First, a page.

Trigger Warning: Violence, Fire, and Death
“Have you seen the new Game of Thrones trailer? It was just released, and the new season looks AMAZING! I want to watch it NOW!” Have you ever watched a trailer for a television show that made you want to watch it immediately? Have you ever fallen victim to hype? Hype is the generation of interest and excitement through the use of promotion. It is also a tool at the disposal of broadcasters that be used to help the broadcaster maintain control over flow in the era of post-network television. The newest Game of Thrones trailer is a perfect example of an action-packed promotion that builds anticipation for highly followed series.
Raymond Williams describes flow as the order in which television programs, which he considers to be events, are consumed. In chapter four of Television, “Programming, Distribution, and Flow”, Williams mentions that the true program is the “sequence or set of alternative sequences of these and other similar events.” While during the network era this flow was a sequence determined by the broadcaster, In the post-network era with the advent of home recording and on-demand television, alternative sequences mentioned by Williams have become more prevalent. Amanda Lotz notes in chapter one, “Understanding Television in the Beginning of the Post-Network Era”, of her work The Television Will Be Revolutionized that “the continuous infiltration of control devices into television use has greatly disrupted the flow as […] being determined by someone other than the individual viewer”, decentralized the control of flow and giving more control of flow to the audience.
The user-governed flow of the post-network era presents a challenge to broadcasters, who wants audiences to follow their vision of flow. In order for broadcasters to persuade audiences to follow the flow that the broadcasters want, broadcasters need tools to influence audiences in the post-network era. This where hype comes in. But how does hype help broadcasters?
Most broadcasters, including HBO, have a specific goal in mind: having as many viewers watch the series live as possible, especially the series premier. In order to ensure that this happens, the broadcaster tries to generate hype for the series. Broadcasters can sustain potential viewer interest through the use of a successful multi-media marketing campaign between seasons. This includes the use of magazine articles, promotional images distributed through print and the internet, and trailers. In fact, these hype generating promotions are ultimately a part of the intended flow of the series because they guide audience members to experience the anticipation that the broadcasters want them to feel.
The newest Game of Thrones trailer is a hype volcano. Almost every scene featured in the trailer is only a few seconds long, but contains action, important characters, or prominent imagery. Because of theses qualities, each scene becomes a short, but intense tease for the viewer at the upcoming season, giving glimpse to battles and plot developments long awaited by loyal fans, and also a broad overview that showcases the series’s acclaim to newcomers of the series. Either way, the scenes in the trailer instill a sense of excitement and anticipation in the viewer, which is exactly how the broadcaster wants the viewer to feel.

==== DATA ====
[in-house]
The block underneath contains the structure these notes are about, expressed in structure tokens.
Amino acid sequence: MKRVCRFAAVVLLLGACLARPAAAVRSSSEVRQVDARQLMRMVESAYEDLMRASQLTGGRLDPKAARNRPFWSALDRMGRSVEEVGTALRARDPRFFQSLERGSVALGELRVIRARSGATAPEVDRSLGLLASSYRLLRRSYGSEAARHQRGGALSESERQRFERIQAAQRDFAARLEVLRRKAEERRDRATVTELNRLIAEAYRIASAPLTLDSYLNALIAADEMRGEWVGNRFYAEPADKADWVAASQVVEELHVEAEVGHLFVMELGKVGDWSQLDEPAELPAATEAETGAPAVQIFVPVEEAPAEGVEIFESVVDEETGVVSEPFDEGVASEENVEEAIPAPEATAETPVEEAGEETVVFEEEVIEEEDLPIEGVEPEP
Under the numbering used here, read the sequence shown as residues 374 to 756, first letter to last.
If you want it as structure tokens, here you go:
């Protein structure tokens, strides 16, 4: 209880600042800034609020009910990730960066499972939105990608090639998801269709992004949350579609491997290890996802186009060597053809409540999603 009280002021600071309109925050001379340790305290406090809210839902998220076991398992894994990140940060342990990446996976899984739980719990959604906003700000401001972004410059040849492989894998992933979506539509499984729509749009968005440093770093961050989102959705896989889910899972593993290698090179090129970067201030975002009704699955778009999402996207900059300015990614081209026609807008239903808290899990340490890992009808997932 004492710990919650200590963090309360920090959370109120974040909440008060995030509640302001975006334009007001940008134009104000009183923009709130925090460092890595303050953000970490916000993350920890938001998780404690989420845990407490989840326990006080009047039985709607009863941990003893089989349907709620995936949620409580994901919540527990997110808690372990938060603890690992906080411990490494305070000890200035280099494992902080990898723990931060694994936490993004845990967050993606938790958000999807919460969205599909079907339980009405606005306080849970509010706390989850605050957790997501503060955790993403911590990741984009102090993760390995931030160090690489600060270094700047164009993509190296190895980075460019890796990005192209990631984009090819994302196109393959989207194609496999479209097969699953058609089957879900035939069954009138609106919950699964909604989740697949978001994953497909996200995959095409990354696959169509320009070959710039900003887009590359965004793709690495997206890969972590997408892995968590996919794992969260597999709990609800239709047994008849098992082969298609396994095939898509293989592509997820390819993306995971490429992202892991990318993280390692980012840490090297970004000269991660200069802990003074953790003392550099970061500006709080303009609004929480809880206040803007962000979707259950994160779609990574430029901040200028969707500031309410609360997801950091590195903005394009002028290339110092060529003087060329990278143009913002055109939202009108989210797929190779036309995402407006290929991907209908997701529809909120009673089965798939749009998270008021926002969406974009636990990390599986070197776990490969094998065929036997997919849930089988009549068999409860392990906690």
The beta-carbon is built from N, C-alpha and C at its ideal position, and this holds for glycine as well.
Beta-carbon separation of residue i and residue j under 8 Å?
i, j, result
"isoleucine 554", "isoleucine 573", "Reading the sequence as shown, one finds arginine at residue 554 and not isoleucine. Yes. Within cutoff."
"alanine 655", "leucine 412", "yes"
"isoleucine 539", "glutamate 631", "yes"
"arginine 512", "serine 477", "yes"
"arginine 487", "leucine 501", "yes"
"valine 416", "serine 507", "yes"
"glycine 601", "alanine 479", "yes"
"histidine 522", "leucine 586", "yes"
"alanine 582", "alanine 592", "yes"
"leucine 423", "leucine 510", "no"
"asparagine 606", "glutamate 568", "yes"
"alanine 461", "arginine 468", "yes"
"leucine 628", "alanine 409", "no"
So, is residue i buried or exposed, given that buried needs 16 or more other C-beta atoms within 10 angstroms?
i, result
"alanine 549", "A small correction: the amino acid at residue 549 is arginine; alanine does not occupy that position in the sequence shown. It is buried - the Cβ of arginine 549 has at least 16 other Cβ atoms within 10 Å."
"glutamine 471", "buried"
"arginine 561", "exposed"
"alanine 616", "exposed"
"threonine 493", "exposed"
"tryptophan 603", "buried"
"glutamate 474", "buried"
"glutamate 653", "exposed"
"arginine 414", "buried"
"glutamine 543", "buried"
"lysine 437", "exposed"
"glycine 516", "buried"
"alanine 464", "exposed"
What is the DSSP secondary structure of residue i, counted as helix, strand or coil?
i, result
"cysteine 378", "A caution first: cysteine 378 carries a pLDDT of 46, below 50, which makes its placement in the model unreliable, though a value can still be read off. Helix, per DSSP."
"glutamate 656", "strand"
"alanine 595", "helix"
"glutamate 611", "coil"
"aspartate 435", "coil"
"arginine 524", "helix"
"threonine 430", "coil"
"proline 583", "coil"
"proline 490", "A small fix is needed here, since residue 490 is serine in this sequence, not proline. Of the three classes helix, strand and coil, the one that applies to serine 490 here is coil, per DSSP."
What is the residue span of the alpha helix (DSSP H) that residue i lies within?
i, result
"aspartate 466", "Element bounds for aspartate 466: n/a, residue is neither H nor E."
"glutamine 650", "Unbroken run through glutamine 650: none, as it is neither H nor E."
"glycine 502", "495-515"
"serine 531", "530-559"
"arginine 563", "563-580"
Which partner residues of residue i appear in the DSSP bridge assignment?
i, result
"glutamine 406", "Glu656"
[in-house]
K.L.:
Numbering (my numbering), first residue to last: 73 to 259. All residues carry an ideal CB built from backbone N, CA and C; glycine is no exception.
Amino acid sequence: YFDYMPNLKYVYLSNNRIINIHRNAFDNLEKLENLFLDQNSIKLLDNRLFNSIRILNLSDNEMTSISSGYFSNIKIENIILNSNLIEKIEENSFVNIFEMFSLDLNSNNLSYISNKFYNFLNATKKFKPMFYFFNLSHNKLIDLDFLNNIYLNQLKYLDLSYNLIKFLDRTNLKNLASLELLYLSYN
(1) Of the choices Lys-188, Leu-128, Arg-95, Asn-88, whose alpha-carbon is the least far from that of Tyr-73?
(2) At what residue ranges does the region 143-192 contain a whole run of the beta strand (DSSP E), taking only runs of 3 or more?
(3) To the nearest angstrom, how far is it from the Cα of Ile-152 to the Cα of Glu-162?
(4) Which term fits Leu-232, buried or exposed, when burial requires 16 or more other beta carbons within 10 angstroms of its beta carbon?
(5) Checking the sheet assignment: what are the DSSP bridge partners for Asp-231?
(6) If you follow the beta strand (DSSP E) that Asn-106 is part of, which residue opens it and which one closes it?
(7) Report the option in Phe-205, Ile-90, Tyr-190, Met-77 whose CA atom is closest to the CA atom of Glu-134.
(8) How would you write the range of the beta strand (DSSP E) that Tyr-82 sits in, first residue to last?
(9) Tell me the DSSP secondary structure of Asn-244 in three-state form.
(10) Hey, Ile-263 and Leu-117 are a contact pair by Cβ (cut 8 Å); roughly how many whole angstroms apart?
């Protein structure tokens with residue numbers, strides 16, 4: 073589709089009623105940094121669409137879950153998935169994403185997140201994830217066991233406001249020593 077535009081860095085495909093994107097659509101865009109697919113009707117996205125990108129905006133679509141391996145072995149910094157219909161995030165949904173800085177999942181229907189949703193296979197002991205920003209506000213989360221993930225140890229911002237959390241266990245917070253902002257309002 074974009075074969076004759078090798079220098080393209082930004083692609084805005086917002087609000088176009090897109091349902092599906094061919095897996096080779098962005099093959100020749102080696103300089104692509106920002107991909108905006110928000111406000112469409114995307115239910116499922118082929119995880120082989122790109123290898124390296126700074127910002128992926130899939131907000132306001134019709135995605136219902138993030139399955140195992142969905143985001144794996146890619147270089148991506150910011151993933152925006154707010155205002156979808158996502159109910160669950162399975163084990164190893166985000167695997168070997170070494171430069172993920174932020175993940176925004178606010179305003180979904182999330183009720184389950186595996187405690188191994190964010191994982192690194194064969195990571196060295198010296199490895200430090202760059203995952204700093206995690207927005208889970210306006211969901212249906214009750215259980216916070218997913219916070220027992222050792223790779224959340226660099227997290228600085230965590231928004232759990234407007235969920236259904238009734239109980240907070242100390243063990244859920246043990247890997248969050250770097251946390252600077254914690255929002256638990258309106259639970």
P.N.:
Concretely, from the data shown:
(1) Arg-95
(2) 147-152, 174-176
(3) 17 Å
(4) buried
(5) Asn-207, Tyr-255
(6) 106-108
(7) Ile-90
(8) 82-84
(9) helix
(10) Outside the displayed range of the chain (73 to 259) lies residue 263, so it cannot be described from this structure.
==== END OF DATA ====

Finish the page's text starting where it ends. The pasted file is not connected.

The timing of the trailer is also critical. With the next season less than month away, this newest trailer leaves a sense wanting fresh in the minds of the audience members which the broadcaster hopes will tide them over until the next season starts. The timing of the trailers release in comparison to other Game of Thrones trailers is also important. With the release of the other trailers in March and May, it can be seen that the amount of promotion increases as the series premier approaches. This has the intended affect of gradually increasing hype so that the hype peaks at the series premier. The timing of trailers is an crucial part of how broadcasters maintain flow and generate hype while the series is off air.
The most important part of the trailer comes at the end: #winterishere. Discussion between audience members become the series airs is the most important part of generating hype and maintaining flow. The trailer and its corresponding hashtag have already been retweeted and shared by thousands of people on Twitter and Facebook. Fan discussion on social media increases interest exponentially. Furthermore, it is no mistake that this trailer was posted to Youtube, in addition to being aired on HBO, as it is a way of reaching a much broader, modern audience. Additionally, fan analyses and breakdowns of the trailer are being posted this moment to Youtube, Reddit threads, Tumblr posts, and countless fan discussion boards. Ironically, the viewers are doing the broadcasters work for them, by fueling the hype that the broadcasters need for their vision of the series’s flow. However, the broadcaster is not totally in control, because there is still criticism and feedback from the viewers that the broadcasters must deal with accordingly. With use of hype, the development of vision can be a collaborative effort between the audience and the broadcaster, as opposed to the audience driven flow determination so common in the post-network era.
- How effective is promotional marketing in generating hype and determining the flow of a television series?
- How could new technologies, such as Virtual Reality and Augmented Reality affect flow of future television programs, if at all?
- When a series ends, does the flow of the series stop?
Your thoughts, criticisms, and comments, are much appreciated below
- Raymond Williams, Television, Chapter 4, “Programming, Distribution, and Flow”
- Amanda Lotz, The Television Will Be Revolutionized, Chapter 1 “Understanding Television at the Beginning of the Post-Network Era”